Several years ago, while we were traveling over spring break, my family and I went with some family members to their large, seeker-sensitive church for worship on Easter.
Almost the entirety of my Christian life has been spent in churches that adhere to the regulative principle (think Zwingli). In fact, the church we were at prior to moving to Orlando was a hard-core regulative principle church.
Well, this church many Easters ago definitely did not adhere to the regulative principle. They had a full choir and a praise team, a full orchestra and a praise band. Multimedia presentations. All at a cacophony once. And they had interpretative dancers.
I remember standing there, silently scowling, smugly judging them, and thanking God that I was not like these seeker-sensitive worshippers and their normative principle. But while standing there, the Holy Spirit convicted me.
What right did I have to judge the worship of those whom Jesus has gathered?
Look, to be clear, I’m going to vote “no” every time the issue of interpretative dancers as part of the worship service comes up. Same thing with a full choir and orchestra (you can ask me about that later, if you’d like).
In that moment, though, on that Lord’s day, the Holy Spirit had brought me to the worship of my King. My response should have been one of worship, not of judgement. No heresy was being taught. No sin (that was apparent) except mine was being committed. My disagreement over appropriate forms of worship did not justify my violating Jesus’ call (command) to unity among his people.
Bavinck puts it strongly, “As Christians we cannot humble ourselves deeply enough over the schisms and discord that have existed all through the centuries in the church of Christ. It is a sin against God, in conflict with Christ’s [high priestly] prayer [for unity], and caused by the darkness of our minds and the lovelessness of our hearts.”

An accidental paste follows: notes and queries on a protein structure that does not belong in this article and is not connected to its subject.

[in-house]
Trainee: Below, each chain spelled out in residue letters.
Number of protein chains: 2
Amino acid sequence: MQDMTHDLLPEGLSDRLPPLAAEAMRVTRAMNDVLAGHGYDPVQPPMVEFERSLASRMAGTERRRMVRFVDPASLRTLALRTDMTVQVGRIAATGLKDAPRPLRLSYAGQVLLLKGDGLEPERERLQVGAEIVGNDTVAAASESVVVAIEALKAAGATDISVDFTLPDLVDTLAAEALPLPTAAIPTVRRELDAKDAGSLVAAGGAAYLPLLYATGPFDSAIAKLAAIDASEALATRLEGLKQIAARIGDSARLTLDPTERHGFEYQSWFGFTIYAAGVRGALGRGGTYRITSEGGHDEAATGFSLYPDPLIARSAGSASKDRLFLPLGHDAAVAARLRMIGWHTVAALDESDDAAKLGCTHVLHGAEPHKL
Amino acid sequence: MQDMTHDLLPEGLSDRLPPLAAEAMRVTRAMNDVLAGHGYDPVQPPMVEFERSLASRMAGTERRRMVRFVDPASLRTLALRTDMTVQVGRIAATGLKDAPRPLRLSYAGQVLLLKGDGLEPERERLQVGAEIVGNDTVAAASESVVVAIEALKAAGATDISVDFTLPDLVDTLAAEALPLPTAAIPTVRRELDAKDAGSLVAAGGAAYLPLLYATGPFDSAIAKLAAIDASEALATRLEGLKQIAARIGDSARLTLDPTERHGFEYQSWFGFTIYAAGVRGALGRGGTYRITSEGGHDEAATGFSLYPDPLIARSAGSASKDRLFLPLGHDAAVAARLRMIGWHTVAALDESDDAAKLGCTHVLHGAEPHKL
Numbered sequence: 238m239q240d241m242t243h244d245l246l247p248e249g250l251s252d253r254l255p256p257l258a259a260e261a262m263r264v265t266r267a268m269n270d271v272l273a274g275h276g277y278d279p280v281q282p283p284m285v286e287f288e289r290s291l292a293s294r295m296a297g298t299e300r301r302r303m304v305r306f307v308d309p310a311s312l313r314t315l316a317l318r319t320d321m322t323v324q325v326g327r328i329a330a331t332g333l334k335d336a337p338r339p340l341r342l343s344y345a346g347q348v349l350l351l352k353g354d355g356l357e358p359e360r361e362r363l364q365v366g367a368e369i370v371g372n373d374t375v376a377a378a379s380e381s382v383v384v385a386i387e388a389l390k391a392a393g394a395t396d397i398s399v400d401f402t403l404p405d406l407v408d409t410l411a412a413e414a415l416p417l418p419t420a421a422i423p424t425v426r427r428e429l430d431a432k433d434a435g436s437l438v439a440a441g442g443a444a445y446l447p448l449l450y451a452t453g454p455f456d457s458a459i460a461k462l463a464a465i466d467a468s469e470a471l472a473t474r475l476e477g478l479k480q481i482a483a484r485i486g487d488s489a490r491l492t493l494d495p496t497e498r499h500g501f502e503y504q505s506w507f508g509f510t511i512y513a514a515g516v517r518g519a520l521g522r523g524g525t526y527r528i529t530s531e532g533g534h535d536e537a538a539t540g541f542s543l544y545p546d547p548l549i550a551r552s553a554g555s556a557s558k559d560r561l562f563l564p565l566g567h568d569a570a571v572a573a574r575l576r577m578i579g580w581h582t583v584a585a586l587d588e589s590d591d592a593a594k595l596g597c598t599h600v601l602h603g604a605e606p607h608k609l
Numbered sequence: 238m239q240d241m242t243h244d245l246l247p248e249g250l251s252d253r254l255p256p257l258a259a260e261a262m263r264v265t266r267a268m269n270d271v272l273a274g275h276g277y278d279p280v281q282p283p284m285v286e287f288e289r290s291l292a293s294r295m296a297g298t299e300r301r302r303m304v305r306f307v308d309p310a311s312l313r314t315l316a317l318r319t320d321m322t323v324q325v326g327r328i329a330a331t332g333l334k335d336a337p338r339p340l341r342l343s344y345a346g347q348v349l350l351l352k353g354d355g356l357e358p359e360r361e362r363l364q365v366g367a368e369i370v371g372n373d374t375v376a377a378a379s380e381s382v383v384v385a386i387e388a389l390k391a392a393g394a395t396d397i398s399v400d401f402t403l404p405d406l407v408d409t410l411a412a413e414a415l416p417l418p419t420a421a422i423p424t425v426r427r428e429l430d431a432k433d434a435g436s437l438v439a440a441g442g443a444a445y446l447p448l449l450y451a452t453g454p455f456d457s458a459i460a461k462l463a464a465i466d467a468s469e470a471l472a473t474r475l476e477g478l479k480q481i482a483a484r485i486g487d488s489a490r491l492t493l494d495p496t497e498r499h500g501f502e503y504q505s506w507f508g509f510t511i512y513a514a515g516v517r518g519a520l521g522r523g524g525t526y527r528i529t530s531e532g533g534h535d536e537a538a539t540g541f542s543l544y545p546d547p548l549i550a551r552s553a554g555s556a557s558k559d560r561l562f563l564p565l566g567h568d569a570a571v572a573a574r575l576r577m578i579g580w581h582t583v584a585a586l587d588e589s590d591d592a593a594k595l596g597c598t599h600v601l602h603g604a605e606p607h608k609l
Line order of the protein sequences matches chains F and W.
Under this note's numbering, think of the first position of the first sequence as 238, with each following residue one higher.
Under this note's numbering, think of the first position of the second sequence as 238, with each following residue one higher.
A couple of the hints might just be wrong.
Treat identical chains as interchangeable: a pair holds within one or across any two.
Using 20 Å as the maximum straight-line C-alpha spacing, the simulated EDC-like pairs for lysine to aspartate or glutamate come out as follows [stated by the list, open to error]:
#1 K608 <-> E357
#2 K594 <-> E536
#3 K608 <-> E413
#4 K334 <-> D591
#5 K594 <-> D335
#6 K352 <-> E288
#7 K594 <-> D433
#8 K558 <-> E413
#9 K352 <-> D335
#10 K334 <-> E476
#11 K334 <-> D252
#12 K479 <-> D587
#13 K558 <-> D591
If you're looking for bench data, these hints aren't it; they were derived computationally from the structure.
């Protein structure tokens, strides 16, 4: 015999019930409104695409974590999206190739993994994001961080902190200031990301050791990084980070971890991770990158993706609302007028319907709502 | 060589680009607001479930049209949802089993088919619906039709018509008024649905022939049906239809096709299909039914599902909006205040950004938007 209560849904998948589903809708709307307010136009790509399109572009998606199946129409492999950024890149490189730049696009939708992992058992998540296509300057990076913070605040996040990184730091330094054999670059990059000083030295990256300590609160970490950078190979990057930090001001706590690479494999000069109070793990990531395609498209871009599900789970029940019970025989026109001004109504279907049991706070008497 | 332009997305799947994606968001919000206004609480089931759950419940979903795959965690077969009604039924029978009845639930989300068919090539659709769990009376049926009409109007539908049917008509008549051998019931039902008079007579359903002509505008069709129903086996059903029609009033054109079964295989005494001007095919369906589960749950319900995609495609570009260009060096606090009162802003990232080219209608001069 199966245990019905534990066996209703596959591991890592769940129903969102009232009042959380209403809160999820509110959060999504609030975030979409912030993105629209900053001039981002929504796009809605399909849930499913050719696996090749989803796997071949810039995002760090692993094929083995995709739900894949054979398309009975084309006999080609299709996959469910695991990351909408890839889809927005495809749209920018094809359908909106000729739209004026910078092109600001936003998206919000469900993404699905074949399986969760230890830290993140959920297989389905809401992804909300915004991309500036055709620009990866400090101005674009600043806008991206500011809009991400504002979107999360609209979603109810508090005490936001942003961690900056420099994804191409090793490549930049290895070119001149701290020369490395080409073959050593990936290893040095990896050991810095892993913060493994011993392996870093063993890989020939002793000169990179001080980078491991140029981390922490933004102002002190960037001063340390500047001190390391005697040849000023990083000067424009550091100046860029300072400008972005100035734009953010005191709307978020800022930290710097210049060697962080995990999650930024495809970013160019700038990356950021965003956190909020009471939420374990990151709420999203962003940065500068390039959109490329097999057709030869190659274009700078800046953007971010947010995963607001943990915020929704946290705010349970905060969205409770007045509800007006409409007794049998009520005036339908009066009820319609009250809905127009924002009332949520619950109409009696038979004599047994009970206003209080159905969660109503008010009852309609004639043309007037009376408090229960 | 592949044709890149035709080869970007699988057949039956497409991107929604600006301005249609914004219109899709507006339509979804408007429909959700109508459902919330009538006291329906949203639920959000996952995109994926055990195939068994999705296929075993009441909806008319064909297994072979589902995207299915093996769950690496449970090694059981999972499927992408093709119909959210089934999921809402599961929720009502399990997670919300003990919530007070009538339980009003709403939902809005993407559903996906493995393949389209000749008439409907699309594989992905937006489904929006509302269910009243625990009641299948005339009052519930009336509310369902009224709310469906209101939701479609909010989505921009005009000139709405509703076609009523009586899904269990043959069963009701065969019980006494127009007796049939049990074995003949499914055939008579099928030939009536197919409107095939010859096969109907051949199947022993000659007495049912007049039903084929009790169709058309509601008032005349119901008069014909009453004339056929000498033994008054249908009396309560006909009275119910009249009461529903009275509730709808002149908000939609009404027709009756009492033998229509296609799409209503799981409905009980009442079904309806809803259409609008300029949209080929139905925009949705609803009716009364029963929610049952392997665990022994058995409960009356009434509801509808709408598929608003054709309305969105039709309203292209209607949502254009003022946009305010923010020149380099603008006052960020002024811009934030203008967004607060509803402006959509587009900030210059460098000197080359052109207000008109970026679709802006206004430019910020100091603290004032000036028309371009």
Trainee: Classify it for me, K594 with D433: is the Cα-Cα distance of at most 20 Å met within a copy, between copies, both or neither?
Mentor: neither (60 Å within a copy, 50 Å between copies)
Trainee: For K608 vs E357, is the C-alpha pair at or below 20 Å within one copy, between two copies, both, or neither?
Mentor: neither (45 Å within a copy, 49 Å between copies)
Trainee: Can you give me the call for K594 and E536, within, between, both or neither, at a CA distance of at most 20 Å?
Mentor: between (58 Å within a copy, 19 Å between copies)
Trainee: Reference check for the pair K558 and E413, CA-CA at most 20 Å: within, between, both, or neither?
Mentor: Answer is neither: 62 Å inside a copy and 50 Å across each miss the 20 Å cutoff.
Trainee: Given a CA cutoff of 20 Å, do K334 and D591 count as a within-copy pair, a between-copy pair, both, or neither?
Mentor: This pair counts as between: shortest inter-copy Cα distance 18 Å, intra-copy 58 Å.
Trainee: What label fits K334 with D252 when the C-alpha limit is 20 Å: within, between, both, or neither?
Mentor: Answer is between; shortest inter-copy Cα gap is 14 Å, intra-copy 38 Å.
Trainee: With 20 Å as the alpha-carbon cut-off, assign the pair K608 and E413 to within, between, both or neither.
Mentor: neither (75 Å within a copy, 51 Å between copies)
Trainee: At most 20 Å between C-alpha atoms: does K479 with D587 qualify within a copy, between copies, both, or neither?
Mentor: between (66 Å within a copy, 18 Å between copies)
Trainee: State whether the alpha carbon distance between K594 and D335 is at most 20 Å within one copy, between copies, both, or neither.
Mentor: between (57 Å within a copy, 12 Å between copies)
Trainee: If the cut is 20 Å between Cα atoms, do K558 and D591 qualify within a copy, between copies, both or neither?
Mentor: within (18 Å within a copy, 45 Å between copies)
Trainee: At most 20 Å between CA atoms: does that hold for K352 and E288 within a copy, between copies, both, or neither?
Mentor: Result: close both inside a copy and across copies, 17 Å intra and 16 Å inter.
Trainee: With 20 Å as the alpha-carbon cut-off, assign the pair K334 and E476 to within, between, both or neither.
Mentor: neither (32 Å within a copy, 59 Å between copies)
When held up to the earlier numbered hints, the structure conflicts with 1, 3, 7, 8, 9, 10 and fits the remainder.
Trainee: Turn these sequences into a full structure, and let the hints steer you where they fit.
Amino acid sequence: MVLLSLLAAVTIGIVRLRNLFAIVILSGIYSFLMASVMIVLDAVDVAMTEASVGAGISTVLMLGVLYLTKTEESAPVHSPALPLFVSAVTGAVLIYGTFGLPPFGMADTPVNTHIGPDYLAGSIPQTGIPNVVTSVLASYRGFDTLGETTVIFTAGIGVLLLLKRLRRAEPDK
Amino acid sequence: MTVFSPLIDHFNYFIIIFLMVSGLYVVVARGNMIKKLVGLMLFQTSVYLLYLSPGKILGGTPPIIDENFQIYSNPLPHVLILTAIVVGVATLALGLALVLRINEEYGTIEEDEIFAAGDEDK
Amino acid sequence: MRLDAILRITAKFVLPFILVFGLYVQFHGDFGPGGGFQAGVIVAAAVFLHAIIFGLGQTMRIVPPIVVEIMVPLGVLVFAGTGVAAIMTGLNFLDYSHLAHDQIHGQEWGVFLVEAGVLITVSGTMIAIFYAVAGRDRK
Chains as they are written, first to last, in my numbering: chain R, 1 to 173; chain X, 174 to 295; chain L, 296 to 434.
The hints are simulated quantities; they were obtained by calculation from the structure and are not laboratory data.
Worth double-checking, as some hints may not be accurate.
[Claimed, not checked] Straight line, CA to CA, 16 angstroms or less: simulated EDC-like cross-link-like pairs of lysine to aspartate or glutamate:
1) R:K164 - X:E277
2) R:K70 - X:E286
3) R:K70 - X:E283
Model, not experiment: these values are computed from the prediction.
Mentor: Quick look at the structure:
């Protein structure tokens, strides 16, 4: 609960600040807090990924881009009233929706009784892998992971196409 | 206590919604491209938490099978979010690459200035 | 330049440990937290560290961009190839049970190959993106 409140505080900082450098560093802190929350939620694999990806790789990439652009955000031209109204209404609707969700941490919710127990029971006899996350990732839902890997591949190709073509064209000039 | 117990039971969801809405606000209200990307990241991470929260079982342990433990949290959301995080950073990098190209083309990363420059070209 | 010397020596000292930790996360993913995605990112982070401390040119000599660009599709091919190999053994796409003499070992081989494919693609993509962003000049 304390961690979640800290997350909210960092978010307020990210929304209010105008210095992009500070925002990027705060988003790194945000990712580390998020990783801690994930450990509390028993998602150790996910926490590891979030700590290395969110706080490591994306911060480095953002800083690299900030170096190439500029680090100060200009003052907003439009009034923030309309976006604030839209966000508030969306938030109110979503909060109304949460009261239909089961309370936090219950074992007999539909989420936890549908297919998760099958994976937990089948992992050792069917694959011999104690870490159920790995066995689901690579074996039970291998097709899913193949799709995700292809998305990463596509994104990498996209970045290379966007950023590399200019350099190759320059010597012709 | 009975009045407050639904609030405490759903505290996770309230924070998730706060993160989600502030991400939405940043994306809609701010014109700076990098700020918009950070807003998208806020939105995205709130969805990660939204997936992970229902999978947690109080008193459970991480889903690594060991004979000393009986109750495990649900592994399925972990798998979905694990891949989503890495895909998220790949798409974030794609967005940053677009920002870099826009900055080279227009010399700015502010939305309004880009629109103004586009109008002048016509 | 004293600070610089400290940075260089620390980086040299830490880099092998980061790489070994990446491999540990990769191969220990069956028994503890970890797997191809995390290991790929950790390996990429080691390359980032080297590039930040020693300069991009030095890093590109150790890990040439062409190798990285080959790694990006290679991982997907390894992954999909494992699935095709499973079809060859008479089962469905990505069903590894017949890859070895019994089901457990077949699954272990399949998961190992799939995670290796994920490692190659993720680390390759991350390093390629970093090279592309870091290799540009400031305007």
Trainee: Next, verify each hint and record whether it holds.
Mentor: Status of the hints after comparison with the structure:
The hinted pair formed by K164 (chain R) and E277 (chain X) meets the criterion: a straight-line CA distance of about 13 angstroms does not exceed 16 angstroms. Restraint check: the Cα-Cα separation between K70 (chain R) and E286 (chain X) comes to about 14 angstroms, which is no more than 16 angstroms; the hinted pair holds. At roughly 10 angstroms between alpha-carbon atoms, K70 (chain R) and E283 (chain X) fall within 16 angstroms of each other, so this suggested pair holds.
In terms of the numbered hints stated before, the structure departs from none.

We – all of us – need to be careful to not make the mistake of conflating our specific formulation of the visible church with the invisible church. That mistake leads to the same error committed by the Roman Catholic Church that helped lead to the Reformation. That mistake means that we’re defining the church by specific visible institutions and attributes.
Our Particular Baptist ancestors (assuming you’re a “reformed” Baptist) suffered to gather and worship in ways they best believed honored God. And they did so while seeking unity with those who were persecuting them because they knew that the church is centered on Jesus. Think about that: They sought unity with the people persecuting them. That’s a level of understanding of the gathered church and the unity we have in Christ that can only be given by the Spirit.
Soli Deo Gloria
 Herman Bavinck, Reformed Dogmatics: Holy Spirit, Church, and New Creation, vol. 4 ed. John Bolt trans. John Vriend (Grand Rapids, MI: Baker Academic, 2008), 306.
 Mark Dever, The Church: The Gospel Made Visible (Nashville, TN: B&H Academic, 2012), x.
 Bruce Shelley, Church History In Plain Language 4th ed. (Nashville, TN: Thomas Nelson, 2013), 253.
 The Reformation of the Church: A Collection of Reformed and Puritan Documents on Church Issues ed. Ian H. Murray (East Peoria, IL: Banner of Truth, 2021), 7-8.
 Herman Bavinck, Reformed Dogmatics: Holy Spirit, Church, and New Creation, vol. 4 ed. John Bolt trans. John Vriend (Grand Rapids, MI: Baker Academic, 2008), 275.
 John Calvin, Institutes of the Christian Religion ed. John T. McNeill (London: Westminster John Knox Press, 1960), 1487.
 Calvin, Institutes of the Christian Religion, 1488.
 Calvin, Institutes of the Christian Religion, 1495.
 Stephen J. Nichols, The Reformation: How a Monk and a Mallet Changed the World (Wheaton, IL: Crossway, 2007), 40.
 Gonzalez, The Story of Christianity, vol. 2, 70.
 Michael A. Thompson, Outside the Camp: John Spilsbury, the Pioneer of English Particular Baptists (Kingwood, TX: Charis Publications, 2011), 33.
 Thompson, Outside the Camp, 41.
 Thompson, Outside the Camp, 46.
 Thompson, Outside the Camp, 84.
 Bavinck, Reformed Dogmatics, Vol 4., 316.